When comparing the two breeds, the English Mastiff costs more to feed. They are generally bigger in size than a Bullmastiff, and you can expect to feed them closer to that 8 to 10-cup range per day, depending on their weight. It’s common for some English Mastiffs to clear 200 pounds, which may even require 12 cups of food daily, depending on the formula.

Bullmastiffs eat less and cost less to feed. But they still need high-quality kibble from puppyhood to adulthood. Either way, both dogs will be expensive to feed. Expect to pay over $1,000 per year in dog food expenses for an English Mastiff and close to that for a Bullmastiff.


Molosser Dogs needing Groomed
Both the English Mastiff and Bullmastiff will need regular grooming and upkeep.

When it comes to grooming, both of these pups have double coats and will shed year-round. Mastiffs and Bullmastiffs have twice a year when they “blow their coat,” meaning they shed more than usual.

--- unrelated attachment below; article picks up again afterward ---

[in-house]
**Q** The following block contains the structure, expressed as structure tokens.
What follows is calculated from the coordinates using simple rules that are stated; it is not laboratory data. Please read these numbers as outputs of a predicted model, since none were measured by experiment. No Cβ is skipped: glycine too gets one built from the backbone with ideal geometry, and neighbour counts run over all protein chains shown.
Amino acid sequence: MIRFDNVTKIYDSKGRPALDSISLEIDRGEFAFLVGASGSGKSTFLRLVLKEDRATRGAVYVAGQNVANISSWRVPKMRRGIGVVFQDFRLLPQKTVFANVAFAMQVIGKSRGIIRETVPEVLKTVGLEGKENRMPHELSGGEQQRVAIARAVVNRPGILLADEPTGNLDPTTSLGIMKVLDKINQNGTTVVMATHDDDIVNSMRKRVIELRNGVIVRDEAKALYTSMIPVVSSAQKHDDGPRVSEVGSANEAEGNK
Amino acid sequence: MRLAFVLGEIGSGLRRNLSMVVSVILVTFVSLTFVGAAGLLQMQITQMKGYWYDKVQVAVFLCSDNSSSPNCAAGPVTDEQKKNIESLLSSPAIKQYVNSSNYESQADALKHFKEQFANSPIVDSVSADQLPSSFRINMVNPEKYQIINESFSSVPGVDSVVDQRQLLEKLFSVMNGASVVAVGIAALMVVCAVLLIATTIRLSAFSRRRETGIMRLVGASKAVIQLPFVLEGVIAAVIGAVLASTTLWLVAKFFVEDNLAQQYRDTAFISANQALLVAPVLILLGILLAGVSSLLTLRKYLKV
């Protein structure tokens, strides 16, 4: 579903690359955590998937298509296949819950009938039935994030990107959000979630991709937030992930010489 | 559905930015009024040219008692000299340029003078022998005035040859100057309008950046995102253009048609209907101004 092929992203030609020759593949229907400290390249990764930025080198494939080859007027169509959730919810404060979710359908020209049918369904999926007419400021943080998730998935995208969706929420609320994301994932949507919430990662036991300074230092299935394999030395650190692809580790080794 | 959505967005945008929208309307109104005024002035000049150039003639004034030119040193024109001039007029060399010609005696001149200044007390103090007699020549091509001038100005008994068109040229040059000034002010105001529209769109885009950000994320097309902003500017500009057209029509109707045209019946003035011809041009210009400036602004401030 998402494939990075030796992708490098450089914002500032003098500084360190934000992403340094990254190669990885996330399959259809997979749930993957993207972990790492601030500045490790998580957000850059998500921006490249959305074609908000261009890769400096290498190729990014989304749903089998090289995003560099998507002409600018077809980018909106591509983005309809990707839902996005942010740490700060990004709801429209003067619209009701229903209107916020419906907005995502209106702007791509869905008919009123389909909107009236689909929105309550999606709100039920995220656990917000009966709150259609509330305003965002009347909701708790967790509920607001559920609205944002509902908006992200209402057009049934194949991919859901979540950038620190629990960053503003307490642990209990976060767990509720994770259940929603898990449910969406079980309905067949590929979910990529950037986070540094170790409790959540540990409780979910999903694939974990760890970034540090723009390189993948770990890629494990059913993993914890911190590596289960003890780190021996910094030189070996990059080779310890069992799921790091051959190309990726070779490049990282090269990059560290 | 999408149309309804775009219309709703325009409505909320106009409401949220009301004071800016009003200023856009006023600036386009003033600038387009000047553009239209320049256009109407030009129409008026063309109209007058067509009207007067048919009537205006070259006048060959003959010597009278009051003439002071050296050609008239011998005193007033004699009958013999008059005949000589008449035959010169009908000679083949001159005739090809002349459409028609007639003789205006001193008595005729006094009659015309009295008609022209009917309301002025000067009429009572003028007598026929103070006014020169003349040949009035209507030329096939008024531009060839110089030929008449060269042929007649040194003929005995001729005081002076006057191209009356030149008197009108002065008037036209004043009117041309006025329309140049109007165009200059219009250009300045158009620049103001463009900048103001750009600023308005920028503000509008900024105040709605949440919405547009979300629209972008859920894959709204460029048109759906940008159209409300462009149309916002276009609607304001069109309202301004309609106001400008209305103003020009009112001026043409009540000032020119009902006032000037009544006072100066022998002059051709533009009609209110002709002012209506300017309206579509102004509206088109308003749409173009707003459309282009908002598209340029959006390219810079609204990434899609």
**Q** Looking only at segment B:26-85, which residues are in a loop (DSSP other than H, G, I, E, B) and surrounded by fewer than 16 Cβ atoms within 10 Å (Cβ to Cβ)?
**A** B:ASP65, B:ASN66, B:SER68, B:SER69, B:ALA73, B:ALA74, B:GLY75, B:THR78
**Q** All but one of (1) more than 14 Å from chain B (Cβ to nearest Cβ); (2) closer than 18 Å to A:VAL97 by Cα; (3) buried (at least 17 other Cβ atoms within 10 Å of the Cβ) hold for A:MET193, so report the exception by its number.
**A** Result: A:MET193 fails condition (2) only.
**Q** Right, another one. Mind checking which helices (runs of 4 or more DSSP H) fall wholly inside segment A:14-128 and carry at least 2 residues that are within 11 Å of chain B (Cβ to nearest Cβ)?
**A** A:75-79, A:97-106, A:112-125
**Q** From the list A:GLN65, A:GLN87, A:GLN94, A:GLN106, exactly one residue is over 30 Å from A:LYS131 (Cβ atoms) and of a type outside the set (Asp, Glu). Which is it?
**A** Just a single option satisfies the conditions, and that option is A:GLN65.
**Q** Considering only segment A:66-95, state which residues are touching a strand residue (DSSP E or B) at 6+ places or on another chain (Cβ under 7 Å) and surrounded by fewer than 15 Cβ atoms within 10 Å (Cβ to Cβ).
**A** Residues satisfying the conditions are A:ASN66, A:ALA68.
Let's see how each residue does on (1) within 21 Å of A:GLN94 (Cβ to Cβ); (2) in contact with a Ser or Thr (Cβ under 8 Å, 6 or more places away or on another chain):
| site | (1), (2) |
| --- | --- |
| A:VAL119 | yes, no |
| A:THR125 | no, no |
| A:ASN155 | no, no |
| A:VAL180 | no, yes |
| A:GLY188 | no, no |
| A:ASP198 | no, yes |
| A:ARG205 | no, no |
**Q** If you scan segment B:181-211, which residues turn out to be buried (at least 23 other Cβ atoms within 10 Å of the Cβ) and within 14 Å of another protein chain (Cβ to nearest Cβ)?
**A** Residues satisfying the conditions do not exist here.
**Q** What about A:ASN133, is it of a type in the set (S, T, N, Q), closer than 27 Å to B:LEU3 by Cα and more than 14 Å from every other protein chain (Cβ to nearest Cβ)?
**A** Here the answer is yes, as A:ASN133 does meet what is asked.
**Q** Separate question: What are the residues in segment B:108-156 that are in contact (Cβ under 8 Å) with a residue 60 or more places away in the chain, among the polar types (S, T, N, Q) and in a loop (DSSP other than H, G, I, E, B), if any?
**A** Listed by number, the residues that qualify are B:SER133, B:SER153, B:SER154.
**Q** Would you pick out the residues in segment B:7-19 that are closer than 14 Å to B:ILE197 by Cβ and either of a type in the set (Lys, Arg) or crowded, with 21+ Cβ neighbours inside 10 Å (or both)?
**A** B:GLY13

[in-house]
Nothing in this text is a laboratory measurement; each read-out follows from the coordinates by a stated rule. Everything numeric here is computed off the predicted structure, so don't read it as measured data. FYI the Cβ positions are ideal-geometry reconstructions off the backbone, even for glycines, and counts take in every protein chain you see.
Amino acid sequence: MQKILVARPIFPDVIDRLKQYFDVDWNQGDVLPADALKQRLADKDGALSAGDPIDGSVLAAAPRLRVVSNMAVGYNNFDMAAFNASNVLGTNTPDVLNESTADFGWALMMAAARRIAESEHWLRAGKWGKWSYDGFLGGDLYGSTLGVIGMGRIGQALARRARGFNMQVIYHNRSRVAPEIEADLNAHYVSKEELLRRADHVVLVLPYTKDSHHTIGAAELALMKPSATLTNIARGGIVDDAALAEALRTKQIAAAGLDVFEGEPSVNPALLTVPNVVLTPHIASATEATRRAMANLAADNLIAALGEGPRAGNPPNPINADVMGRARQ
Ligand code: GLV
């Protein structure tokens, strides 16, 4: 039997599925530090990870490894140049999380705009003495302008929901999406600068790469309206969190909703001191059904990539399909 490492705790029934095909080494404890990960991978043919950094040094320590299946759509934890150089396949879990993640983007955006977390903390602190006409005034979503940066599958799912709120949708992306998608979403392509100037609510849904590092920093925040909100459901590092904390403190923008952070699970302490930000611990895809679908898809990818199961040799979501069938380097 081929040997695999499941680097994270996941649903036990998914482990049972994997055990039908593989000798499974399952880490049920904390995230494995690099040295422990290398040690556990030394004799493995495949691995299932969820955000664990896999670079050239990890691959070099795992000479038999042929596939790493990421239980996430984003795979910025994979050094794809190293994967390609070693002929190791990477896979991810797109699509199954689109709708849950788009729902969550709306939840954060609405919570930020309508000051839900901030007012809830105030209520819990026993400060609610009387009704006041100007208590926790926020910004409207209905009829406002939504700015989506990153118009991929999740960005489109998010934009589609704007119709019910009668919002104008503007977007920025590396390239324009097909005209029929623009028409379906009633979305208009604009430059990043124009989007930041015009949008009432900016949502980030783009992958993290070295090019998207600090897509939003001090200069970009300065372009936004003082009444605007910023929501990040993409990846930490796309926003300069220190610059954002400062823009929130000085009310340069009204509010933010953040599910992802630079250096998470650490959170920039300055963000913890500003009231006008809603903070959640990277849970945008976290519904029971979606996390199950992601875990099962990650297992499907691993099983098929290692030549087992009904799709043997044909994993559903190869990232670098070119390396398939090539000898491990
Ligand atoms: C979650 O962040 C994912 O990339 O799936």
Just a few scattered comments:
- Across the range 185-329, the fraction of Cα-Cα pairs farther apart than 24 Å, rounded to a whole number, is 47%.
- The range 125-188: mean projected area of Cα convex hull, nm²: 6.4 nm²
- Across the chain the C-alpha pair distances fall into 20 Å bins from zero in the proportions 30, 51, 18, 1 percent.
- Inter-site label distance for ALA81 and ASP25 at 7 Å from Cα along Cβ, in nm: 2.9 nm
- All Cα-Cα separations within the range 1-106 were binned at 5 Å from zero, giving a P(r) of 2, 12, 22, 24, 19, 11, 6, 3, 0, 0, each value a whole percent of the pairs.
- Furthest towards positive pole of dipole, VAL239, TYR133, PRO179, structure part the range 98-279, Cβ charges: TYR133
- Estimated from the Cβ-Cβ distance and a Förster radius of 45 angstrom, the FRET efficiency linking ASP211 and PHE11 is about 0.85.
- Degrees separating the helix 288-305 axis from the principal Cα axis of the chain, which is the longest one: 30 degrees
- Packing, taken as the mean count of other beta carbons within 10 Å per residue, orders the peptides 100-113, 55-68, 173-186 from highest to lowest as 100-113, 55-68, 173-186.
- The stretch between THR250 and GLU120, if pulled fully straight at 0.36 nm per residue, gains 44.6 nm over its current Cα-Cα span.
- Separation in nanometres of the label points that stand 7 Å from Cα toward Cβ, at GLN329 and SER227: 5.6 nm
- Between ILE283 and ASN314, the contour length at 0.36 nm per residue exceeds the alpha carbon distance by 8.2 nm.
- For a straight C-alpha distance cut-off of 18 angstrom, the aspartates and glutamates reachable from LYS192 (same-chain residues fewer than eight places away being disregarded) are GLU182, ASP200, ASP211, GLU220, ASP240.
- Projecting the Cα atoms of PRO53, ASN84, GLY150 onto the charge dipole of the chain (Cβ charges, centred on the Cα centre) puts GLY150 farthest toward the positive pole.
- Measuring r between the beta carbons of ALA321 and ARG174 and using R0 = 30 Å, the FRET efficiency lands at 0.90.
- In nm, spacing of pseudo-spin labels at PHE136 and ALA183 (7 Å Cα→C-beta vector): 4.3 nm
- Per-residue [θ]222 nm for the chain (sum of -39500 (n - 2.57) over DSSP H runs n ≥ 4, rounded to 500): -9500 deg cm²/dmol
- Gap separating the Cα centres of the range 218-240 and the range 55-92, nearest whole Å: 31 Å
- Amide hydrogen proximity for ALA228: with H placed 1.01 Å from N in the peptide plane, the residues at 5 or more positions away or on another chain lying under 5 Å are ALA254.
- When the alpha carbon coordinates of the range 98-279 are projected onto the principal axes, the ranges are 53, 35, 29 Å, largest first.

The wintertime is usually the worst, as they prepare for a thicker undercoat to prepare for the elements. Bullmastiffs may seem like they shed slightly less because they aren’t quite as big. But make no mistake. You’ll be dealing with dog hair no matter which breed you pick.

Both the English Mastiff and Bullmastiff have sensitive skin. The Bullmastiff, especially in their facial area, due to the way their nose forms genetically. You must be sure you dry your Bullmastiff thoroughly after any bathing. Not doing so can end up in unwanted infections.

Sensitive skin or oatmeal shampoo is best during bathing sessions. Neither breed comes out ahead, and you’ll expect monthly grooming sessions for both.

Puppy Prices

Olde English Mastiff and Bullmastiff Puppies
Expect to pay upwards of $1,000 regardless of if you adopt a Bullmastiff or English Mastiff.